Why Tom Foley matters
A golden boy congressman from Spokane, Speaker of the House, and U.S. ambassador to Japan, now an implausible 84.
Foley was schooled by the Jesuits at Gonzaga, an Irish Catholic whose family worshiped at the cathedral of Franklin Roosevelt. His grandfather moved West from Minnesota, a boiler-shop foreman with the Great Northern Railroad. The Foleys lived comfortably during the Great Depression, with Tom's father, Ralph, the elected Spokane County prosecuting attorney and later a long-serving superior court judge.
The Depression still made despair visible. Foley watched men queued up at Sacred Heart Hospital, served apples and snacks by the nuns. Decades later, Foley fought for food stamps and other anti-poverty pillars of LBJ's Great Society. He became the consummate liberal representing a rock-ribbed conservative district. How?
Foley and his staff worked their arses off. They had a Talmudic command of the agriculture bill, every section committed to memory. A former editor at the Spokane Spokesman-Review said that was the simple secret: work. Foley earned the respect of farmers from Kettle Falls to Walla Walla. Men and women pulled from Grant Wood's American Gothic, pitchfork in hand.
Serendipity launched Foley's political career, when on the last day of candidate filing in 1964, a local Democrat called his bluff. Foley, then a counsel to the Senate Interior Committee, bit, even though his bank account was empty. "Everyone seems to have a rich uncle," Foley said. "Well, I had a rich cousin." His cousin, Hank, fronted the money for the filing fee, and Foley went all the way with LBJ.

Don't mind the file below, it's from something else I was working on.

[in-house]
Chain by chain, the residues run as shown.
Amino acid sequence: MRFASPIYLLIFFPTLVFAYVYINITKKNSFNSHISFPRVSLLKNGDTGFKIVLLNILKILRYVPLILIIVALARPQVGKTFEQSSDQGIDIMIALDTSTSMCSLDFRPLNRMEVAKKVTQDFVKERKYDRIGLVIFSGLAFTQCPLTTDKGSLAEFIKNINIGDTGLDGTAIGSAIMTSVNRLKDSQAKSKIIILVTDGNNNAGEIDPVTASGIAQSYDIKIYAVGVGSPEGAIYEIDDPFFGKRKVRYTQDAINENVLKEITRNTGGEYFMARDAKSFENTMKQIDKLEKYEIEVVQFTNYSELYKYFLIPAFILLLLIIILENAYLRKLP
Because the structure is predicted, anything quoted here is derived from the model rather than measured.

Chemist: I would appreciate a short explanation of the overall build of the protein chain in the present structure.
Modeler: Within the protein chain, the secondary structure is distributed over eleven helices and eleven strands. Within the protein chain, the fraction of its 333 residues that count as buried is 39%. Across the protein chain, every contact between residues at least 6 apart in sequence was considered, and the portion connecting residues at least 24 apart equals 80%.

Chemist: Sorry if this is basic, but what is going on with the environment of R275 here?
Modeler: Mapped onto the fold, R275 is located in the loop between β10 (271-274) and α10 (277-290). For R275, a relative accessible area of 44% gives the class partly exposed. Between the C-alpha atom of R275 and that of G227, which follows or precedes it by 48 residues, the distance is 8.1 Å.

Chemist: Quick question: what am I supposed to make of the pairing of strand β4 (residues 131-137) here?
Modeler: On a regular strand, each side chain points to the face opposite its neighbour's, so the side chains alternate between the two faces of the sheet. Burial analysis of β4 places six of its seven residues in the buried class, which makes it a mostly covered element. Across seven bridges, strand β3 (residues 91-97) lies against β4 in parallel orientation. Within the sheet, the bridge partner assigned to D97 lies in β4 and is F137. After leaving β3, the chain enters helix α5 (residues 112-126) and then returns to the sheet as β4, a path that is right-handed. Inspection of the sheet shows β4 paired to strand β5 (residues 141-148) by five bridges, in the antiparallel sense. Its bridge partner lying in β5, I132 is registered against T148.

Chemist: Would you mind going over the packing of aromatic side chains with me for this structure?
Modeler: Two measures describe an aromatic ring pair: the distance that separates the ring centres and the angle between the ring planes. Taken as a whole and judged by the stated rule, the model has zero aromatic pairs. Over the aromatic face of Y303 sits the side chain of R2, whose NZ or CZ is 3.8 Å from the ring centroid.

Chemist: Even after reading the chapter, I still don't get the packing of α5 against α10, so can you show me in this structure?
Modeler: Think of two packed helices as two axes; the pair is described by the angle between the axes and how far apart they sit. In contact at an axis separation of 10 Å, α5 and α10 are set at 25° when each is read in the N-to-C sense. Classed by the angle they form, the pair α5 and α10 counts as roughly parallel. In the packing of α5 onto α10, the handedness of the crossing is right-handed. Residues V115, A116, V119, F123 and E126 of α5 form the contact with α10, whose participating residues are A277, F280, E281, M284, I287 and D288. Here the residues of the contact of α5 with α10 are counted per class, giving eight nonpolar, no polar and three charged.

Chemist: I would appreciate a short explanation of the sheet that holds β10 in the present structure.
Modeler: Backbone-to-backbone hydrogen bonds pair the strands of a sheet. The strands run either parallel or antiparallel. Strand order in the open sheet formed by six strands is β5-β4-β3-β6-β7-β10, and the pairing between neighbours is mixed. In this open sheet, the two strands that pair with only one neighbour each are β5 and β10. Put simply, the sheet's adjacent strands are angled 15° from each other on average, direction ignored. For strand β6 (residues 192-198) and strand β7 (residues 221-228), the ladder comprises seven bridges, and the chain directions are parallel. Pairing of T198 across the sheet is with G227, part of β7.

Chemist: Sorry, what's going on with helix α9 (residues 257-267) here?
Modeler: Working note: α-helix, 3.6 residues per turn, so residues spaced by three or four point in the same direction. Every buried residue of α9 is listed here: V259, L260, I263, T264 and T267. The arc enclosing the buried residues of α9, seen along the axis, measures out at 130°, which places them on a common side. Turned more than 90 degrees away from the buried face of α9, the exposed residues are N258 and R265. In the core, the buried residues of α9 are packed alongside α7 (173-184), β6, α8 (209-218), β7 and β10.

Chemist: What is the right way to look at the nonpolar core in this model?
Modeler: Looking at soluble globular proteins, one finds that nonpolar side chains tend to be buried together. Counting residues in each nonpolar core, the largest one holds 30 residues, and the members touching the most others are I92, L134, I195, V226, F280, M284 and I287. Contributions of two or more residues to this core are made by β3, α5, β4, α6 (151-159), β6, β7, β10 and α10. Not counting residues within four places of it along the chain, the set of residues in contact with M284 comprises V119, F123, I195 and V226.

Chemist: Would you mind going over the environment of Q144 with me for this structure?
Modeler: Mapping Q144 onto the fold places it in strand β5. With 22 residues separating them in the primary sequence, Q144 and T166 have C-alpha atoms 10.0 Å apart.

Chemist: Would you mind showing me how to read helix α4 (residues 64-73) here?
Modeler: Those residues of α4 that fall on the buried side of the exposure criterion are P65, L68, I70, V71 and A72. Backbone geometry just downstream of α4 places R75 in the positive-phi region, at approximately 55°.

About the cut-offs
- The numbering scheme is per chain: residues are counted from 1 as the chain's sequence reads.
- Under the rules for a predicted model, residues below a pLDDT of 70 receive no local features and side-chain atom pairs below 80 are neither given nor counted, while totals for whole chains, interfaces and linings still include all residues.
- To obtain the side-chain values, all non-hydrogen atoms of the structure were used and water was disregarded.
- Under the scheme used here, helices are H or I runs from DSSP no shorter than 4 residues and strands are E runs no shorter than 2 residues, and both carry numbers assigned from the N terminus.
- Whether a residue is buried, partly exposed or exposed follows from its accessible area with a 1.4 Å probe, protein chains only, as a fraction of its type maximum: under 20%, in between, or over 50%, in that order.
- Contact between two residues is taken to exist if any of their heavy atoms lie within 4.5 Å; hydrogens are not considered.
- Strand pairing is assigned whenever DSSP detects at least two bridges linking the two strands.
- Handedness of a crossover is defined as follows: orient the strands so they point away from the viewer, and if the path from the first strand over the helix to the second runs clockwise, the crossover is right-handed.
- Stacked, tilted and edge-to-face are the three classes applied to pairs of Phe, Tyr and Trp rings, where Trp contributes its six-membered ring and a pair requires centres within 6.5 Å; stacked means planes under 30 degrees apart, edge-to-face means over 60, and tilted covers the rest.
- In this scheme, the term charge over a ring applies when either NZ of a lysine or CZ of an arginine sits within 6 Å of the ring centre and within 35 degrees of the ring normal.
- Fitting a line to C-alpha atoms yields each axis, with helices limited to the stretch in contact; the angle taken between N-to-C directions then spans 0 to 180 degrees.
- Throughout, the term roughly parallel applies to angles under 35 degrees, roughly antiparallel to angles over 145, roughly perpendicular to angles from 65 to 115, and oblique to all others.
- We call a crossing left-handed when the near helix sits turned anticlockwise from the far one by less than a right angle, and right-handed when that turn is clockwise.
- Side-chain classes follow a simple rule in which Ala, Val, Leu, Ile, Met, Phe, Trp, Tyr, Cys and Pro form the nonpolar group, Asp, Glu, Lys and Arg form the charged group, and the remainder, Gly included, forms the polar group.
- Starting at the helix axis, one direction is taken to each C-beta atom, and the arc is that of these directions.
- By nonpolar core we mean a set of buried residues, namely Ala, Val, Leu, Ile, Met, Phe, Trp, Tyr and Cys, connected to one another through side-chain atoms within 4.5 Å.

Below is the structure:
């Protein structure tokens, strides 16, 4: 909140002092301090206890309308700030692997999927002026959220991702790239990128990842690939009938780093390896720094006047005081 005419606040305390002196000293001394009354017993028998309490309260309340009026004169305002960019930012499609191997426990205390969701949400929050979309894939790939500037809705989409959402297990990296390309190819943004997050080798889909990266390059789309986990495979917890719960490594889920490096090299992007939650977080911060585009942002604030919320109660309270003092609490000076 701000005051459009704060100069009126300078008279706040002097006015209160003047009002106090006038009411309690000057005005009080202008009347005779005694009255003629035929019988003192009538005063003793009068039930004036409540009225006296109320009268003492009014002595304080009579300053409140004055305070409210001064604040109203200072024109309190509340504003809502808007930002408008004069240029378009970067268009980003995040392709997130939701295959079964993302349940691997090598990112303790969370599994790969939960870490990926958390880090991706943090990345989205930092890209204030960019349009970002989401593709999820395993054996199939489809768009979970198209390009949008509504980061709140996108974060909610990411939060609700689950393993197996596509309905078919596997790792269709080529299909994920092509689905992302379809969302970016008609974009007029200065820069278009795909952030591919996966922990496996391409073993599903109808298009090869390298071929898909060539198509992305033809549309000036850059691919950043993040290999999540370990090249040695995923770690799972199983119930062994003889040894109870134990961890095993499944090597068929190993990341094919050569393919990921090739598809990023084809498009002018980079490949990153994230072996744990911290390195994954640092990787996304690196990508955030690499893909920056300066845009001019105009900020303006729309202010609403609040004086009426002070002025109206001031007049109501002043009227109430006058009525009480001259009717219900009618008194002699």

Foley now is the last surviving member of Washington's "class of '64" that included leaders such as Rep. Lloyd Meeds. It was a boys club then, although the formidable Julia Butler Hansen powered the 3rd District. Foley ultimately enlisted Heather Strachen, his trusted spouse and confidant, to run his office, a subtle strike against the boy's club.
Time collapses. Today's political class sees the world through the glass, cynically. Young Democrats and young Republicans attend campaign boot camps to learn the workings of direct mail, of hit pieces and sound bites. All tactics, no soul.
Tom Foley has soul, all the while joking about his "type B personality."
History's great-man theory is hooey, yet here stands Foley, a no-BS statesman, a light that makes 21st century politicians look small. It's OK to call him a great man.
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